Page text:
What is Boutonniere Deformity?
Boutonniere Deformity refers to the abnormal position of a finger in which the middle knuckle is bent downwards and the knuckle at the tip is bent upwards.
Symptoms of Boutonniere Deformity
The condition causes a noticeable visual deformity of the finger. There is usually associated stiffness and decreased motion of the finger. Pain is less common.
Common Causes of Boutonniere Deformity
The underlying cause of the deformity is damage to the main extensor tendon attached to the top of the finger’s middle bone. After this tendon injury the middle knuckle can no longer be extended and it becomes bent downward. Over time, other small tendons that run along the top of the finger – the lateral bands – subluxate downwards, which further contributes to bending of the middle knuckle. These intact lateral bands also lead to unopposed extension of the tip of the finger. This Boutonniere Deformity can result from a blow, deep cut, or the effects of Rheumatoid Arthritis. The injury is often seen in basketball and volleyball players.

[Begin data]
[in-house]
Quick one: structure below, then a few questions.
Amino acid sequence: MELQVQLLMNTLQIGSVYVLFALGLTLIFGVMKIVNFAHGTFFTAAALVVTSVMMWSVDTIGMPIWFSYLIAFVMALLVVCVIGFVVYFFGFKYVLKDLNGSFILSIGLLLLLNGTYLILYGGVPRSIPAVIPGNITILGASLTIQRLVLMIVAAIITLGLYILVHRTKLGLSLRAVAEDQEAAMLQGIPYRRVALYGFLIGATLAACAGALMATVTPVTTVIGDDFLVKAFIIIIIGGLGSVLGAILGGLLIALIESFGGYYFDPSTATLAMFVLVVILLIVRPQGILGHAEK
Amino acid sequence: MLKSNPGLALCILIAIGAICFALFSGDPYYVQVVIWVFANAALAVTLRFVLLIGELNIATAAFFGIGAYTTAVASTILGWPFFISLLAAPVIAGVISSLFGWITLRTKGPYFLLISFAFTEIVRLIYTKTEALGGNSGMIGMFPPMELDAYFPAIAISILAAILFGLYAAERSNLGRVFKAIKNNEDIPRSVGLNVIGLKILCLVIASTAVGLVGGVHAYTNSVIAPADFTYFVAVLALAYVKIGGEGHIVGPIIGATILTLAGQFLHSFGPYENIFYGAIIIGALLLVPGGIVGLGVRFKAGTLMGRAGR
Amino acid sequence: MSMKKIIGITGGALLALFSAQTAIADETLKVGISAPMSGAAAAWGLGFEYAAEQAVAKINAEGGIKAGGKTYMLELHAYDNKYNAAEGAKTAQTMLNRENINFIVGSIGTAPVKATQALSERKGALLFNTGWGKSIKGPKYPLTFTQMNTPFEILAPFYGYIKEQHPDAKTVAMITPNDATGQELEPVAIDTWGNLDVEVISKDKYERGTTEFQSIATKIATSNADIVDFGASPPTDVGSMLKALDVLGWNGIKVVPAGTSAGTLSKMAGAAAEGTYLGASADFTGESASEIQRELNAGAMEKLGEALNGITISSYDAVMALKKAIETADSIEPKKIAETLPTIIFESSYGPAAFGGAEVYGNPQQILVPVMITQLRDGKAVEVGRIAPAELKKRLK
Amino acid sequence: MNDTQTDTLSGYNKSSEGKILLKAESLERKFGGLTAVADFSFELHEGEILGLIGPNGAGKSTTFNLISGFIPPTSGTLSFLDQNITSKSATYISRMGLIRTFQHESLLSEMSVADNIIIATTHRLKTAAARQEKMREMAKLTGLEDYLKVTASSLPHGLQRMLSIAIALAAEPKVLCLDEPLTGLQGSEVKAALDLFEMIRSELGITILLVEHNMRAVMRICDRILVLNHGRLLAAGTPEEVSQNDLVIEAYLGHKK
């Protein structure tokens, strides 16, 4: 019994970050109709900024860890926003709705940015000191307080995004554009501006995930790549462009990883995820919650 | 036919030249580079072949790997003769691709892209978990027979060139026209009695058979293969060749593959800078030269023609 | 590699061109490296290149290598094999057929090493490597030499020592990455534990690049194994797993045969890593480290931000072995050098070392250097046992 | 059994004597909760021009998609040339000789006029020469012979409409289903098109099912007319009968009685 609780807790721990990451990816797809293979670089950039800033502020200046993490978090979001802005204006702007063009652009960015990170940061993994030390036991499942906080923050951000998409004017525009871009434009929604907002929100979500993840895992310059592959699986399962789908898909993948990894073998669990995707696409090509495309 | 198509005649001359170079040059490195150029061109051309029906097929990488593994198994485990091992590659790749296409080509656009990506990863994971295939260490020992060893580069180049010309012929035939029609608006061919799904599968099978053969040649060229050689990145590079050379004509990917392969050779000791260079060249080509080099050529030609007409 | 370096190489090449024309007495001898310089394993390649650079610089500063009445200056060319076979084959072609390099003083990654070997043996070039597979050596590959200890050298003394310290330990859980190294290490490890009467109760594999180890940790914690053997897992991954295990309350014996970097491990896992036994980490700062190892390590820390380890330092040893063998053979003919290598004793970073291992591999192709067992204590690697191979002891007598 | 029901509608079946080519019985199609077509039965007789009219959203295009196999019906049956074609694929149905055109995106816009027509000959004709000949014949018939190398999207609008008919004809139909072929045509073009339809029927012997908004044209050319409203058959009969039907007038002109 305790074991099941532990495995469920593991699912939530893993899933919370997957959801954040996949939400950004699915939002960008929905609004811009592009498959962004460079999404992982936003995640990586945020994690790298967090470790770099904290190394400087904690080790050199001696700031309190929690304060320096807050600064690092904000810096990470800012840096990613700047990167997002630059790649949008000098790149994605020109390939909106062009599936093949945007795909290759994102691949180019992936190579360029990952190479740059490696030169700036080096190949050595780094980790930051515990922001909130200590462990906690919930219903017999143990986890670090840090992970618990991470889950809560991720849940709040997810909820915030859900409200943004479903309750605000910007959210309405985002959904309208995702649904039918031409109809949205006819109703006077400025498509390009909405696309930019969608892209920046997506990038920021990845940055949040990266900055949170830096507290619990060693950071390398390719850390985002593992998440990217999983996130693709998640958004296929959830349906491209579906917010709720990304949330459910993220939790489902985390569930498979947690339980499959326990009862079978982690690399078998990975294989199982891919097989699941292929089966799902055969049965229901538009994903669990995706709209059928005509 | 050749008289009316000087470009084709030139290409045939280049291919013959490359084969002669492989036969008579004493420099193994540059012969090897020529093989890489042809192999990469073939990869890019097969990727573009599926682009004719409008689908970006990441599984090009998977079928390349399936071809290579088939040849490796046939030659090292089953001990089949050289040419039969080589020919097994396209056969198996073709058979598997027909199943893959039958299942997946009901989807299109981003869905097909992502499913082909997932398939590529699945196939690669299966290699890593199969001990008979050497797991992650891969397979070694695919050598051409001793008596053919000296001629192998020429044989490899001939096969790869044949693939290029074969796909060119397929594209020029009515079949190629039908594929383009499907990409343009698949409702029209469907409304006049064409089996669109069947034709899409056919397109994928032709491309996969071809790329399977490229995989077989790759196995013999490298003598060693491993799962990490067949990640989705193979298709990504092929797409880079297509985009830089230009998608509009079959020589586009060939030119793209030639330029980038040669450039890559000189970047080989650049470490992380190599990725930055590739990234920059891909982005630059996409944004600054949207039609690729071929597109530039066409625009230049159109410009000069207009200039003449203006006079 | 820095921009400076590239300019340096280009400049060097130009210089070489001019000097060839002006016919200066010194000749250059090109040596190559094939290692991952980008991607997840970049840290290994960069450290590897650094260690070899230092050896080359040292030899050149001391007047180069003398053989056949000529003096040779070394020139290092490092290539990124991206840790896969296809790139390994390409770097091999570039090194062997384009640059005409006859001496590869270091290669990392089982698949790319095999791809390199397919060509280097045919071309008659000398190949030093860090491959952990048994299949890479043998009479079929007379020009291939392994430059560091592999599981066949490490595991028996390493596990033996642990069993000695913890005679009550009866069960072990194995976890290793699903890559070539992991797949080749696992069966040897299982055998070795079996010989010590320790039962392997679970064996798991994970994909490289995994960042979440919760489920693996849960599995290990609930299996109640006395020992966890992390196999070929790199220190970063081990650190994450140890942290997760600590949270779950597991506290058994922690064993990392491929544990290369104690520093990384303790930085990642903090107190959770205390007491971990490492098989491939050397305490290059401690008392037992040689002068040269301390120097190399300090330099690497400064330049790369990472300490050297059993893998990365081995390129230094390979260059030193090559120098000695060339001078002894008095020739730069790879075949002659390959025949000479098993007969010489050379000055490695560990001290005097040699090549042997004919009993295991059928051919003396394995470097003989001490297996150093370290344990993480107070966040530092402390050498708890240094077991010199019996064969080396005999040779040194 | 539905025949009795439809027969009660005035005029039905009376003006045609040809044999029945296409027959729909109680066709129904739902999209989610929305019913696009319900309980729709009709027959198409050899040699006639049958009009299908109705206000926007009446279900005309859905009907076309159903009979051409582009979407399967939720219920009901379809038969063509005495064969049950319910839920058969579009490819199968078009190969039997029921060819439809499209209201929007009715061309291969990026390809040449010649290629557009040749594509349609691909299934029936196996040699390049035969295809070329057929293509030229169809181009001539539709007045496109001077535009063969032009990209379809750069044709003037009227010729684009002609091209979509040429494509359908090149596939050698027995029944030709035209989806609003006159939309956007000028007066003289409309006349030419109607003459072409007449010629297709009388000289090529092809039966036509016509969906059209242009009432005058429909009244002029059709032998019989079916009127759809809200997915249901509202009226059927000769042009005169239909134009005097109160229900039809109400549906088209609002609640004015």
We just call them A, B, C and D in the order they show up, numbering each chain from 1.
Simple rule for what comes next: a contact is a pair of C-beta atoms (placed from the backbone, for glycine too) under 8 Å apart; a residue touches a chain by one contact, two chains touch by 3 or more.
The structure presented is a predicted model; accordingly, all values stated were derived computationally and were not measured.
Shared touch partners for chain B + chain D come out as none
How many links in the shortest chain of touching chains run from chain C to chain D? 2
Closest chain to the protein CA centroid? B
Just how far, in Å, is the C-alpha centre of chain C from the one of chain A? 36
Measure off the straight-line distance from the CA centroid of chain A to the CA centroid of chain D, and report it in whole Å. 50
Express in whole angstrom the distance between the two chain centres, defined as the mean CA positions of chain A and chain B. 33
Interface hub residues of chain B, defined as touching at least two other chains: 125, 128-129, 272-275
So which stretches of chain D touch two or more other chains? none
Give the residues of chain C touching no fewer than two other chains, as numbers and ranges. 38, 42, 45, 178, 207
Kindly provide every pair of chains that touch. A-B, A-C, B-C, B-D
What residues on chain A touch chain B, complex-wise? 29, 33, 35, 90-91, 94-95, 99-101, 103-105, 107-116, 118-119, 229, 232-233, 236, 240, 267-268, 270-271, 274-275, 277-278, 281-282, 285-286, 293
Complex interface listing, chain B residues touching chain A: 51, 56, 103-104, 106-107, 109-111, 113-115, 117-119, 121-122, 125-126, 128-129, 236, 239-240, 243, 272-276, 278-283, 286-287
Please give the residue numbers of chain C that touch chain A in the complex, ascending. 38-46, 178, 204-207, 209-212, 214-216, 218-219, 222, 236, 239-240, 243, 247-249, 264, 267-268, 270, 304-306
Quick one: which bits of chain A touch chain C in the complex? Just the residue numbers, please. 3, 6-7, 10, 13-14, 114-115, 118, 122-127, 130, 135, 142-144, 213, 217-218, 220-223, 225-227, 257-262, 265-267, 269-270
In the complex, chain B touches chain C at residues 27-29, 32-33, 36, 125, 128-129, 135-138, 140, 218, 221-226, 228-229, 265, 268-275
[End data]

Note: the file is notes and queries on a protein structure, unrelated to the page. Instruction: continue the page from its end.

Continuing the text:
Diagnosing Boutonniere Deformity
A careful physical exam using certain special maneuvers will identify the deformity. Understanding how the injury has occurred, whether due to a recent traumatic event or a long-standing inflammatory disorder, is also essential. An x-ray is obtained to evaluate the condition of the joints in the finger, since joint inflammation and degeneration can be the underlying culprit.
Treatment Options for Boutonniere Deformity
Acute and simple cases with flexible joints can be treated with splinting for 4-6 weeks and stretching exercises. In cases of fractures, severe lacerations, or advanced rheumatoid arthritis, surgery may be indicated to repair the injured tendon or reconstruct the joint.
Boutonniere Deformity may be functionally disabling for your finger. Call New York City Hand Surgeon Dr. Pruzansky at 212-249-8700 to schedule an appointment and regain a straighter, more functional finger.